We often describe data that is easy to analyze and visualize as “tidy data”. What does it mean to have tidy data?

For data to be tidy, it must have:

  • Each variable as a separate column
  • Each row as a separate observation

For example, we would want to reshape a table like:

Account Checkings Savings
“12456543” 8500 8900
“12283942” 6410 8020
“12839485” 78000 92000

Into a table that looks more like:

Account Account Type Amount
“12456543” “Checking” 8500
“12456543” “Savings” 8900
“12283942” “Checking” 6410
“12283942” “Savings” 8020
“12839485” “Checking” 78000
“12839485” “Savings” 92000

The first step of diagnosing whether or not a dataset is tidy is using base R and dplyr functions to explore and probe the dataset.

You’ve seen most of the functions we often use to diagnose a dataset for cleaning. Some of the most useful ones are:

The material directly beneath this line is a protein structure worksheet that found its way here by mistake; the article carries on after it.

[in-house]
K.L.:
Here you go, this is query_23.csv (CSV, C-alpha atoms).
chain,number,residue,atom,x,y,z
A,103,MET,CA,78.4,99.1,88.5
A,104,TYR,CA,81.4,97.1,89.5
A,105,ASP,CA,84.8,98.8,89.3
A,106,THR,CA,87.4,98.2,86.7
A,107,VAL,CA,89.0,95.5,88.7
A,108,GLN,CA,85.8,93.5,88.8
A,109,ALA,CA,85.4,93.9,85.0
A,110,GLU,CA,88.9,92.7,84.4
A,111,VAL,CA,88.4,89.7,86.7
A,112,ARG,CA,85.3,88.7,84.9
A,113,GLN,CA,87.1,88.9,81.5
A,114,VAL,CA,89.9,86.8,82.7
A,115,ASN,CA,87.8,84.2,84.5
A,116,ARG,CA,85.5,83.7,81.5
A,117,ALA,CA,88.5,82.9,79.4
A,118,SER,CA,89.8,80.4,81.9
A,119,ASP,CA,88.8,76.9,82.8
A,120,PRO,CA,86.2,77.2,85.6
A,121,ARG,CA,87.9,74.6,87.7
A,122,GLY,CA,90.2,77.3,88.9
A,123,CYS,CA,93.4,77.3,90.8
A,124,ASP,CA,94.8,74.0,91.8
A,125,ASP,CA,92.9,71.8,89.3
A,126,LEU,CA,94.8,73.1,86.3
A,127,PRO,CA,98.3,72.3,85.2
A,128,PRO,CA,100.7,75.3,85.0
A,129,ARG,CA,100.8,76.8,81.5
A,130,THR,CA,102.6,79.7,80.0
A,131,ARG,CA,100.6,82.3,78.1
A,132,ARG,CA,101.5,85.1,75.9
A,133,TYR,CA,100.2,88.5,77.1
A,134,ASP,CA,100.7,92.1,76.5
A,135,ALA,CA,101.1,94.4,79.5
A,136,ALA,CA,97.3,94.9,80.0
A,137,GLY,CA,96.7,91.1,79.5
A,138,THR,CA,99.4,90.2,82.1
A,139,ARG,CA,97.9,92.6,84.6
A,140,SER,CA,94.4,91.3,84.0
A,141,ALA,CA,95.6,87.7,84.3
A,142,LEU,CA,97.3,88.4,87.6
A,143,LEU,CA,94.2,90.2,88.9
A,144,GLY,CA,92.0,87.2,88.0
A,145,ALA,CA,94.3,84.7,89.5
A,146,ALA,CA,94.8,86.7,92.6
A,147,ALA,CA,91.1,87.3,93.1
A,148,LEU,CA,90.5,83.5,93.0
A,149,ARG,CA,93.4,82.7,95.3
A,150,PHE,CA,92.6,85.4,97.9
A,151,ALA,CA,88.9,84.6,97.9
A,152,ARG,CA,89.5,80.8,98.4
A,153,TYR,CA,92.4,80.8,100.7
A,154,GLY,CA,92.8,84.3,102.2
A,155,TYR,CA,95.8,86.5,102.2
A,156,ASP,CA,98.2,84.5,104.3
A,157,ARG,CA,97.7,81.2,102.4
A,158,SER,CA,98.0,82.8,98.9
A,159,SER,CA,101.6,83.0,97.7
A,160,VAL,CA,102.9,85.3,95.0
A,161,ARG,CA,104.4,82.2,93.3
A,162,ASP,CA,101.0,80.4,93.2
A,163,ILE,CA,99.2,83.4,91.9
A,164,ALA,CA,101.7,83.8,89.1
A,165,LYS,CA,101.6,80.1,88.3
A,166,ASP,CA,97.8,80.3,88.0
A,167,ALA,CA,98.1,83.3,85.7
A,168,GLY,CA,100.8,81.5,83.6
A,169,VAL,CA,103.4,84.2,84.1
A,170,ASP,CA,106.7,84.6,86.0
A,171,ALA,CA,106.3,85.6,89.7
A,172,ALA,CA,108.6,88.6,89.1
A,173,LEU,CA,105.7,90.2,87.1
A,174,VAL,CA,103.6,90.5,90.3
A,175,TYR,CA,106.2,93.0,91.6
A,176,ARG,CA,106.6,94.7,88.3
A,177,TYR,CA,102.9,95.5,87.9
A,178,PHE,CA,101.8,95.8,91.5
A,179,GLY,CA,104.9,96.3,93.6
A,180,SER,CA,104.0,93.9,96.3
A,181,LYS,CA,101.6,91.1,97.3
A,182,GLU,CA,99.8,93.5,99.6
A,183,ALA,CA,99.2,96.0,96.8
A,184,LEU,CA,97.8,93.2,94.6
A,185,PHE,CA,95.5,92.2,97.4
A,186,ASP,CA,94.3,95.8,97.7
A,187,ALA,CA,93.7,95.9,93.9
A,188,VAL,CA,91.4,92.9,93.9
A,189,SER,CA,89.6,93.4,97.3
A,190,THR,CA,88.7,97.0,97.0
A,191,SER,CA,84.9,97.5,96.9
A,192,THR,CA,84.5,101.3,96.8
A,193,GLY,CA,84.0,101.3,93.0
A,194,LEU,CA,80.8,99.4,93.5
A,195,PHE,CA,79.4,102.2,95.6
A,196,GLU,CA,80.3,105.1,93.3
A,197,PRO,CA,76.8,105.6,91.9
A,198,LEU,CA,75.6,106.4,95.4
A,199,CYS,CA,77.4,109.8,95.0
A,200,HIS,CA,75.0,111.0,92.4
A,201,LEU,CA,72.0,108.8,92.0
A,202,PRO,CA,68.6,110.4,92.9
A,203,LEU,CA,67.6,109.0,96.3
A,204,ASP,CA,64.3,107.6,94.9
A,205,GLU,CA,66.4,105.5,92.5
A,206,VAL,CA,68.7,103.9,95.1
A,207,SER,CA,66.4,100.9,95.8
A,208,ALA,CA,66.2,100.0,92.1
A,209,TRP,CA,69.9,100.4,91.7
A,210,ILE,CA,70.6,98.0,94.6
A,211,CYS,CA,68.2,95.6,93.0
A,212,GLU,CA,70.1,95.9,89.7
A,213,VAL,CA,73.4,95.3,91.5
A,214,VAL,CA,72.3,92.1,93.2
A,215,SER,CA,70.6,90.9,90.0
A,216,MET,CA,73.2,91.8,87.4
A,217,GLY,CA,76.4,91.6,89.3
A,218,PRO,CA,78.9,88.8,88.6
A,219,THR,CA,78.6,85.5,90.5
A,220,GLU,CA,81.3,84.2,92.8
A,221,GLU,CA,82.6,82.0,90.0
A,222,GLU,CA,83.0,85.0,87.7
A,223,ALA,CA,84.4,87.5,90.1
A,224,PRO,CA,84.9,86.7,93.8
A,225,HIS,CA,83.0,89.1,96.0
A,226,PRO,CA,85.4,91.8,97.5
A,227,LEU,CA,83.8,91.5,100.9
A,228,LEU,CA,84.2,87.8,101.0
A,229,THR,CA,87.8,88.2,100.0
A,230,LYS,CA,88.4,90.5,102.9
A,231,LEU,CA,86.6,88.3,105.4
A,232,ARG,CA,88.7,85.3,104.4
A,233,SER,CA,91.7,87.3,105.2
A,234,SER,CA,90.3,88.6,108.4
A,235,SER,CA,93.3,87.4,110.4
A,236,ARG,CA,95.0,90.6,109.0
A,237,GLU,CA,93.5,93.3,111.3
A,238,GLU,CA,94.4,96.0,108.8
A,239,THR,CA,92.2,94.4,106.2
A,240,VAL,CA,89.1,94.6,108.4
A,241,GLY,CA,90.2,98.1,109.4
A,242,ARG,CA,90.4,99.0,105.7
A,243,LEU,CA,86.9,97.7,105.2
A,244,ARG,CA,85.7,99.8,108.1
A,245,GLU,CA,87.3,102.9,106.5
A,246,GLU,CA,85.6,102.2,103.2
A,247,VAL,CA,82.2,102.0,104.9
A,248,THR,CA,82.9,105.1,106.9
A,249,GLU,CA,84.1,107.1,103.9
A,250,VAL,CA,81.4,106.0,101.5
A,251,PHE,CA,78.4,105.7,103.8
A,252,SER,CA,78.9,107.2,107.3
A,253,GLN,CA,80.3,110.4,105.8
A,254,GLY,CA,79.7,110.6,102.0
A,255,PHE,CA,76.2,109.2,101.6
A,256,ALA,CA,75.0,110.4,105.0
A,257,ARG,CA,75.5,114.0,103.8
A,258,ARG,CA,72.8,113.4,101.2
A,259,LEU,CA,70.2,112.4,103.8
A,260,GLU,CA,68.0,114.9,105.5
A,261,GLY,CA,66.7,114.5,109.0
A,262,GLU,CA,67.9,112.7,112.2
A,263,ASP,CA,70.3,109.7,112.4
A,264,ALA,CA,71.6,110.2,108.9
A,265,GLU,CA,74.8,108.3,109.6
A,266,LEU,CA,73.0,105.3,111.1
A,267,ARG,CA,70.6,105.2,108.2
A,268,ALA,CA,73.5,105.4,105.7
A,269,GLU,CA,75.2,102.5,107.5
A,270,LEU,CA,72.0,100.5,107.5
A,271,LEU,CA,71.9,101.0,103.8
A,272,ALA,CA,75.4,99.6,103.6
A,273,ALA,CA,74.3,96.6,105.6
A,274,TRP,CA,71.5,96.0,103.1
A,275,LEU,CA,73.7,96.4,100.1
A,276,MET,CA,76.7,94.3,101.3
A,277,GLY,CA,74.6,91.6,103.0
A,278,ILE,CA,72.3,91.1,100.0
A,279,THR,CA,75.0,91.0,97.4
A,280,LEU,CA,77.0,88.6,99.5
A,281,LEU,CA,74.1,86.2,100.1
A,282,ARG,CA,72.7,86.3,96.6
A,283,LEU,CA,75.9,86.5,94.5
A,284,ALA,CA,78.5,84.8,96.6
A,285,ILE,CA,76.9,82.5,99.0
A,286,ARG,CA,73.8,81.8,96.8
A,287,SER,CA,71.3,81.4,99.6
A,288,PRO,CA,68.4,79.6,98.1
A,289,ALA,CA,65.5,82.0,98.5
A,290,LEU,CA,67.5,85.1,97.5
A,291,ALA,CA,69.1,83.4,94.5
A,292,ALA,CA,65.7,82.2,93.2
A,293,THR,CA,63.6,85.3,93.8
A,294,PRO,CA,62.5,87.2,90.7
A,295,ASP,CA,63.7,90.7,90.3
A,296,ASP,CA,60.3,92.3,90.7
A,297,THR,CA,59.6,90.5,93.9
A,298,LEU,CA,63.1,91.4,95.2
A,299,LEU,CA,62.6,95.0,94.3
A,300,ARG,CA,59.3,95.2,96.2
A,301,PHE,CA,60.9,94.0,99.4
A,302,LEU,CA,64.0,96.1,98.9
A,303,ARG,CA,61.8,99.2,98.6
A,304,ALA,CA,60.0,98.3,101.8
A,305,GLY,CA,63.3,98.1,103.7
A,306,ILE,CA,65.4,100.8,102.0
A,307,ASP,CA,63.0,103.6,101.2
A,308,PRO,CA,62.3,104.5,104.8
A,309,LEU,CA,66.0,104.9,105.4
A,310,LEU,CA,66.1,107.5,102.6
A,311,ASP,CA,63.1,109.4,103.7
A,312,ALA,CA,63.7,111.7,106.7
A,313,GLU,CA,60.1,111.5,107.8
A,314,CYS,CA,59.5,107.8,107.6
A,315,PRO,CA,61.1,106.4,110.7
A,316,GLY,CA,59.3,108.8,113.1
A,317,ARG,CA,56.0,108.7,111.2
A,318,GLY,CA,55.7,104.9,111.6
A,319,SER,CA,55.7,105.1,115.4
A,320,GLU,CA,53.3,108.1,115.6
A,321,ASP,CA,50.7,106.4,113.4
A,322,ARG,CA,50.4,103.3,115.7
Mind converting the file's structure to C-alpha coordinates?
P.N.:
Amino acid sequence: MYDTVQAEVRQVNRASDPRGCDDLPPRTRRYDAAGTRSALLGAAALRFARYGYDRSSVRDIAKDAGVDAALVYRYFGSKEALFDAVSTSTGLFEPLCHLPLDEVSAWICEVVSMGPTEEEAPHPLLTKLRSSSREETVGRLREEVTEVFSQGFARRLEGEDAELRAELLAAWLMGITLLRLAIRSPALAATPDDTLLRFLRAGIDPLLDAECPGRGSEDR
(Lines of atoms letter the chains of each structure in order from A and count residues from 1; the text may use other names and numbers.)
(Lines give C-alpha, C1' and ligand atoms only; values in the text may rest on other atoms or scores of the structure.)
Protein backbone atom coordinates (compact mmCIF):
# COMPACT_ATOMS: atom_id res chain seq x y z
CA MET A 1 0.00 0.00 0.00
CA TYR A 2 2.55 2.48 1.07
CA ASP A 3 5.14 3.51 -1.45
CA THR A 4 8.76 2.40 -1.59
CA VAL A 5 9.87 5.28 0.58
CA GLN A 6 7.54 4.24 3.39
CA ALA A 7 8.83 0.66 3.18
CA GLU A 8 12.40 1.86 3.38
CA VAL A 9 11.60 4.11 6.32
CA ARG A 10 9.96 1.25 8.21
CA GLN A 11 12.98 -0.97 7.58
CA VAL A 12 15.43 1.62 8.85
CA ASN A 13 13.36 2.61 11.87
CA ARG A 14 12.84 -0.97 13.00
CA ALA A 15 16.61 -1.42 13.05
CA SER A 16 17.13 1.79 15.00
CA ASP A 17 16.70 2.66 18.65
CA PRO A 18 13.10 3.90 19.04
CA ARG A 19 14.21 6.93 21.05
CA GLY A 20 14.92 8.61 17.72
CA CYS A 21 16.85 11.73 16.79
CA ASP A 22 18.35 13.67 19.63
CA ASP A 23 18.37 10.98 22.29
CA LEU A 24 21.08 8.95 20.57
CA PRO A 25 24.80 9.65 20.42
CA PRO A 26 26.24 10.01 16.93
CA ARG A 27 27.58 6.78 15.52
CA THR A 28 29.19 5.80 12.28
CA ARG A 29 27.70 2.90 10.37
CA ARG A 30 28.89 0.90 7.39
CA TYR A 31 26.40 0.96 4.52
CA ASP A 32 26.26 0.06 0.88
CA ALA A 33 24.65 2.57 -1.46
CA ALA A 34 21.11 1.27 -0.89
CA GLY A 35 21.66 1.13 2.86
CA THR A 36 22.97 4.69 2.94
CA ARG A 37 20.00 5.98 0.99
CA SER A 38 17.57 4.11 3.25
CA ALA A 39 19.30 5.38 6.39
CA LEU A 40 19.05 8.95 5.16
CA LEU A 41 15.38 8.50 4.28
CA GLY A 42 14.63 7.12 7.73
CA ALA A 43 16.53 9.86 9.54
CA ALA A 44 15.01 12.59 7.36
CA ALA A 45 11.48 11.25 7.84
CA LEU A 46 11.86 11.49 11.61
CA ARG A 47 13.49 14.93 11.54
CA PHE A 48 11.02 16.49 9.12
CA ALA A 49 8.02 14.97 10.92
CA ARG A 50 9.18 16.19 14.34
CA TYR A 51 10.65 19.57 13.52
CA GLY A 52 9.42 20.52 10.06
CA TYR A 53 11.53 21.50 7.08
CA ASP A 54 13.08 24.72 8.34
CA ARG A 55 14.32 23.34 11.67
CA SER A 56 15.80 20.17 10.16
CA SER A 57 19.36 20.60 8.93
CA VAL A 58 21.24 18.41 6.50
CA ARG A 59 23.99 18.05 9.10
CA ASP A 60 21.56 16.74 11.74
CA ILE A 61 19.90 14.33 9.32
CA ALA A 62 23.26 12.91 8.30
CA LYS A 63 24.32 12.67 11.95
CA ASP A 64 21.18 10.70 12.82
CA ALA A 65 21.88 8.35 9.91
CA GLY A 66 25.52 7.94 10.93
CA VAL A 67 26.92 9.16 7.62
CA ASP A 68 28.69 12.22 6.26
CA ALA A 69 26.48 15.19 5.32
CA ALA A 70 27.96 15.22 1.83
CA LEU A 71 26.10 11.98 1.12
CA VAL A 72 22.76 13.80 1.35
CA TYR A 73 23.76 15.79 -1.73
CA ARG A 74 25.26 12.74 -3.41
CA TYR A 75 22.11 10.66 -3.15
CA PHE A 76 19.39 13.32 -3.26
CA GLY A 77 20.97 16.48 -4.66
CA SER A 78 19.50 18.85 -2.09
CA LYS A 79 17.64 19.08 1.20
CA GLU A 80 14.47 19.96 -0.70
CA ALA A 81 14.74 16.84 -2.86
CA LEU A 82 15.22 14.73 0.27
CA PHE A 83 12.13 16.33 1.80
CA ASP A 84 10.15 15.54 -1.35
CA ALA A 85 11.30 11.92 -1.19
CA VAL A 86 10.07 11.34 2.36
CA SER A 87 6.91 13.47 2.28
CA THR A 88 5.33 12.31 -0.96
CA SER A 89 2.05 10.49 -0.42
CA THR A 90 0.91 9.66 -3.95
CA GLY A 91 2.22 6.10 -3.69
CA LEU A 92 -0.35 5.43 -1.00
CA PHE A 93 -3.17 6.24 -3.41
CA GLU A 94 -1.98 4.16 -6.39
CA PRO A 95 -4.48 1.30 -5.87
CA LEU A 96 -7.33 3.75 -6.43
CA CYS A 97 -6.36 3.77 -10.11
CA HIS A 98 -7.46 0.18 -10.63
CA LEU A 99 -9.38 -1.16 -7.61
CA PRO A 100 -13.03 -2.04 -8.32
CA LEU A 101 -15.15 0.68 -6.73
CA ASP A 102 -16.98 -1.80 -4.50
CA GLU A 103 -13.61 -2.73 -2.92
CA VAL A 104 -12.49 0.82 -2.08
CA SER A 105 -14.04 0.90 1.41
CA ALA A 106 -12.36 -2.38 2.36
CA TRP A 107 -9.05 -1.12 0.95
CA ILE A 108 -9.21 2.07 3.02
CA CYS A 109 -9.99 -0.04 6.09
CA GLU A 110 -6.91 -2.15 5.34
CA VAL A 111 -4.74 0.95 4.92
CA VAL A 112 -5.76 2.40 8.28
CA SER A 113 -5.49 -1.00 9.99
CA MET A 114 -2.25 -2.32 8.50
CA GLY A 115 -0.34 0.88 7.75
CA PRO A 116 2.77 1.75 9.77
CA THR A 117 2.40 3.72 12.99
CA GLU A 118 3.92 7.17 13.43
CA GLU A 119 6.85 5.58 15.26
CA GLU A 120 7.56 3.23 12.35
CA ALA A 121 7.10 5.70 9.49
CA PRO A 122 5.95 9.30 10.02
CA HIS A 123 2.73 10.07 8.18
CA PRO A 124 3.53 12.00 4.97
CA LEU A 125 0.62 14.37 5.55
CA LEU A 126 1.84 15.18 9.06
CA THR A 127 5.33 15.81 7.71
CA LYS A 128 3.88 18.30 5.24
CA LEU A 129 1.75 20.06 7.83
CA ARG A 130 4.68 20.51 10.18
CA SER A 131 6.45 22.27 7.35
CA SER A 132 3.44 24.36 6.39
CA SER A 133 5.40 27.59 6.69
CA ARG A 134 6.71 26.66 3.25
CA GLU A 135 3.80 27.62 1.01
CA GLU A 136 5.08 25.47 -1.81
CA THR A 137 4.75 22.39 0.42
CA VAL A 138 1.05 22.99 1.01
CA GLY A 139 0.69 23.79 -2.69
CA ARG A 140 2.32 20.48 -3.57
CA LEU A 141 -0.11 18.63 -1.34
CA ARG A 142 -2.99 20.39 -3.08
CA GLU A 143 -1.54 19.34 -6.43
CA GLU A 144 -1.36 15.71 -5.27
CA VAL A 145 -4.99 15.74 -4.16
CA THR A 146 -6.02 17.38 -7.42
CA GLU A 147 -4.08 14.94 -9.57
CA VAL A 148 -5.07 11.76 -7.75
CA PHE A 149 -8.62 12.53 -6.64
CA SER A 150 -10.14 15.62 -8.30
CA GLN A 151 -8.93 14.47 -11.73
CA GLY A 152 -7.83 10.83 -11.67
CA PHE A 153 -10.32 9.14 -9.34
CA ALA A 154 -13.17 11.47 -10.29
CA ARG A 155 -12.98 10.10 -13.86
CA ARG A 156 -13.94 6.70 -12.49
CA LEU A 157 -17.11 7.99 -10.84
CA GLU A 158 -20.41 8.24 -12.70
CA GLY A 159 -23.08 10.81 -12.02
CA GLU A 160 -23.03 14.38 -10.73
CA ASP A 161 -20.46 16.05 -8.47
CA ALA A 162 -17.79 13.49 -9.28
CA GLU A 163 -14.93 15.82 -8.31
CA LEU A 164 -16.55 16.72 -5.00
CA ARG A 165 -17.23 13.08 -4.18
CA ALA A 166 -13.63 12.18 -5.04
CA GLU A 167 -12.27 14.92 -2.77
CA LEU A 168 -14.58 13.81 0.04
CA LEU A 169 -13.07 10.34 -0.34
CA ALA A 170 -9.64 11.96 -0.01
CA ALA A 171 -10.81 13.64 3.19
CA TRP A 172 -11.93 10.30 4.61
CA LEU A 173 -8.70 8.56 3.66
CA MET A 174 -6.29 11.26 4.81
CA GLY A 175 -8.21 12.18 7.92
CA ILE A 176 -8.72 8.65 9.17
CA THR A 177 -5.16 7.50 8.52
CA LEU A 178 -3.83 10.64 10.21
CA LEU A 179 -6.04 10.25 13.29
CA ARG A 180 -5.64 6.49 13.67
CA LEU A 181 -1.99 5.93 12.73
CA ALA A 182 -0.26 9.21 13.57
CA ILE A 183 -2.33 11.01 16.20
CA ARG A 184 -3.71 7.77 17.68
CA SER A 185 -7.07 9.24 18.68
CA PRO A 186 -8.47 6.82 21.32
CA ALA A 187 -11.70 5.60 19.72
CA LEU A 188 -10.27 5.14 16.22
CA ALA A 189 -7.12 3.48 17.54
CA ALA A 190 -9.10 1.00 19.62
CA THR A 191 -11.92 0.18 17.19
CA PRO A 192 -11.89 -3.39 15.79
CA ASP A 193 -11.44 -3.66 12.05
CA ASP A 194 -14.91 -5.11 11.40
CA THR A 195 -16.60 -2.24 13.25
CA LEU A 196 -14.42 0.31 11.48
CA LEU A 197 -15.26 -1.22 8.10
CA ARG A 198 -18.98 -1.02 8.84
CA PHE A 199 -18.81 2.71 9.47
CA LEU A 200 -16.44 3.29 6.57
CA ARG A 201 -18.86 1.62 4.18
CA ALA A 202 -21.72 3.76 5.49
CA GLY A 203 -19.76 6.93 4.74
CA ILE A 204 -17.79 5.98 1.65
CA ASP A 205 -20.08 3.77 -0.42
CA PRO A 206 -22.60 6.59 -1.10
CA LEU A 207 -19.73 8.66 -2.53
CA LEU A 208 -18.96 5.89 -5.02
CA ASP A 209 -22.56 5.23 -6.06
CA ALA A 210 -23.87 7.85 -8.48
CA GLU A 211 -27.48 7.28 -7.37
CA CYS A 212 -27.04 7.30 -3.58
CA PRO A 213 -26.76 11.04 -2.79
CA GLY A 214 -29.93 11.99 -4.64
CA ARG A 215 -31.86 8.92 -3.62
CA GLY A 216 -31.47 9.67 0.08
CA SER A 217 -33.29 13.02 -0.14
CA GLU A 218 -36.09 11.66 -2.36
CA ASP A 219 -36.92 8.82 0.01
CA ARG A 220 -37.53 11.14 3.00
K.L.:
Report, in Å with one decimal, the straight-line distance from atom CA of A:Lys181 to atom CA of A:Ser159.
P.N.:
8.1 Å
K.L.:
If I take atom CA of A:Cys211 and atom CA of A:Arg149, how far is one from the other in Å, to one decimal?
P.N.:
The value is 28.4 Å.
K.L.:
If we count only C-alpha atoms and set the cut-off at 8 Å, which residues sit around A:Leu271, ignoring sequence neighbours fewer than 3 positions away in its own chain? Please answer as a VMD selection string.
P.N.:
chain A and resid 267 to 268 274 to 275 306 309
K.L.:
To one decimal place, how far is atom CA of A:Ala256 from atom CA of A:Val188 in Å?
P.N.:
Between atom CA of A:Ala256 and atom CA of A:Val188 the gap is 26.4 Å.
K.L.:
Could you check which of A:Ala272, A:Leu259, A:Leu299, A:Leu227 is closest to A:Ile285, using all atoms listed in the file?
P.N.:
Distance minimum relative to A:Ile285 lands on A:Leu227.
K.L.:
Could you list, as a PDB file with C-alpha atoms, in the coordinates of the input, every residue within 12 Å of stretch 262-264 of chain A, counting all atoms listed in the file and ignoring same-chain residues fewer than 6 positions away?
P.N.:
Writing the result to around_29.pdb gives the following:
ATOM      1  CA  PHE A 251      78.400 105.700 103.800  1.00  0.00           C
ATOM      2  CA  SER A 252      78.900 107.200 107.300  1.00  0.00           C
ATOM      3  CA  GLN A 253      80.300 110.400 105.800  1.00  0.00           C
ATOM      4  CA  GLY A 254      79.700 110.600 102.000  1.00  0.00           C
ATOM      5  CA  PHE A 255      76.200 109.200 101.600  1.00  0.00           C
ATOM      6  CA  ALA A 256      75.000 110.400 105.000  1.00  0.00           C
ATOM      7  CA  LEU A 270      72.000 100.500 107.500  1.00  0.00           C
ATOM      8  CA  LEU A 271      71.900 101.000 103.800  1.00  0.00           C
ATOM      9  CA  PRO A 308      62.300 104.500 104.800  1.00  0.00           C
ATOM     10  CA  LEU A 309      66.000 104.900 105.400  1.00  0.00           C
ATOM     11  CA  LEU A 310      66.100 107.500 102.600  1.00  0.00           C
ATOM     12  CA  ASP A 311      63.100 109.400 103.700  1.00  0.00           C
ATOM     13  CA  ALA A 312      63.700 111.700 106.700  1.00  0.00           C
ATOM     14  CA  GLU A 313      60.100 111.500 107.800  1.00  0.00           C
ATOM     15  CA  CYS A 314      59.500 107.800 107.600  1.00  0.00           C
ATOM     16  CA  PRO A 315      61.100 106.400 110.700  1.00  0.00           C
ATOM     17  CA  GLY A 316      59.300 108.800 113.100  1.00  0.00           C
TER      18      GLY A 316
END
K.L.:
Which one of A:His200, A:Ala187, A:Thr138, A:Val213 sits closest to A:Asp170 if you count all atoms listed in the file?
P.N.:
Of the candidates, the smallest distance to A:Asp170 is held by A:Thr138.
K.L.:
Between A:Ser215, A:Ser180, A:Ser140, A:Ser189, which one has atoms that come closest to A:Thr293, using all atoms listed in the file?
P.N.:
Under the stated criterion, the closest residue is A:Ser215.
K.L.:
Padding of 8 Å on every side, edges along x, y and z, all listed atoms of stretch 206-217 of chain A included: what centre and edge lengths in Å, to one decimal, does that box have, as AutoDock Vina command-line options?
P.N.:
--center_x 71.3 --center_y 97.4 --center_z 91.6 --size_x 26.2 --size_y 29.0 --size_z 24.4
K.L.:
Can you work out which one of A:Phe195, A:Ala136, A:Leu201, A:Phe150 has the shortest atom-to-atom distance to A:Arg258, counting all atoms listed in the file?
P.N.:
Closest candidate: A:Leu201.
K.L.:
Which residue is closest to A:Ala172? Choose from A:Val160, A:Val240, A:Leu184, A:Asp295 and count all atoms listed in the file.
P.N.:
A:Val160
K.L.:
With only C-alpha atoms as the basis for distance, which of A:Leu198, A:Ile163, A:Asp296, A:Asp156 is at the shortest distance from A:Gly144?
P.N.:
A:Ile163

• head() — display the first 6 rows of the table
  • summary() — display the summary statistics of the table
  • colnames() — display the column names of the table



Provided in notebook.Rmd are two data frames, grocery_1 and grocery_2.

Begin by viewing the head() of both grocery_1 and grocery_2.


Explore the data frames using the other functions listed.

Which data frame is “clean”, tidy, and ready for analysis? Create a variable named clean_data_frame and assign it the value 1 if grocery_1 is a clean and tidy data frame or 2 if grocery_2 is a clean and tidy data frame.

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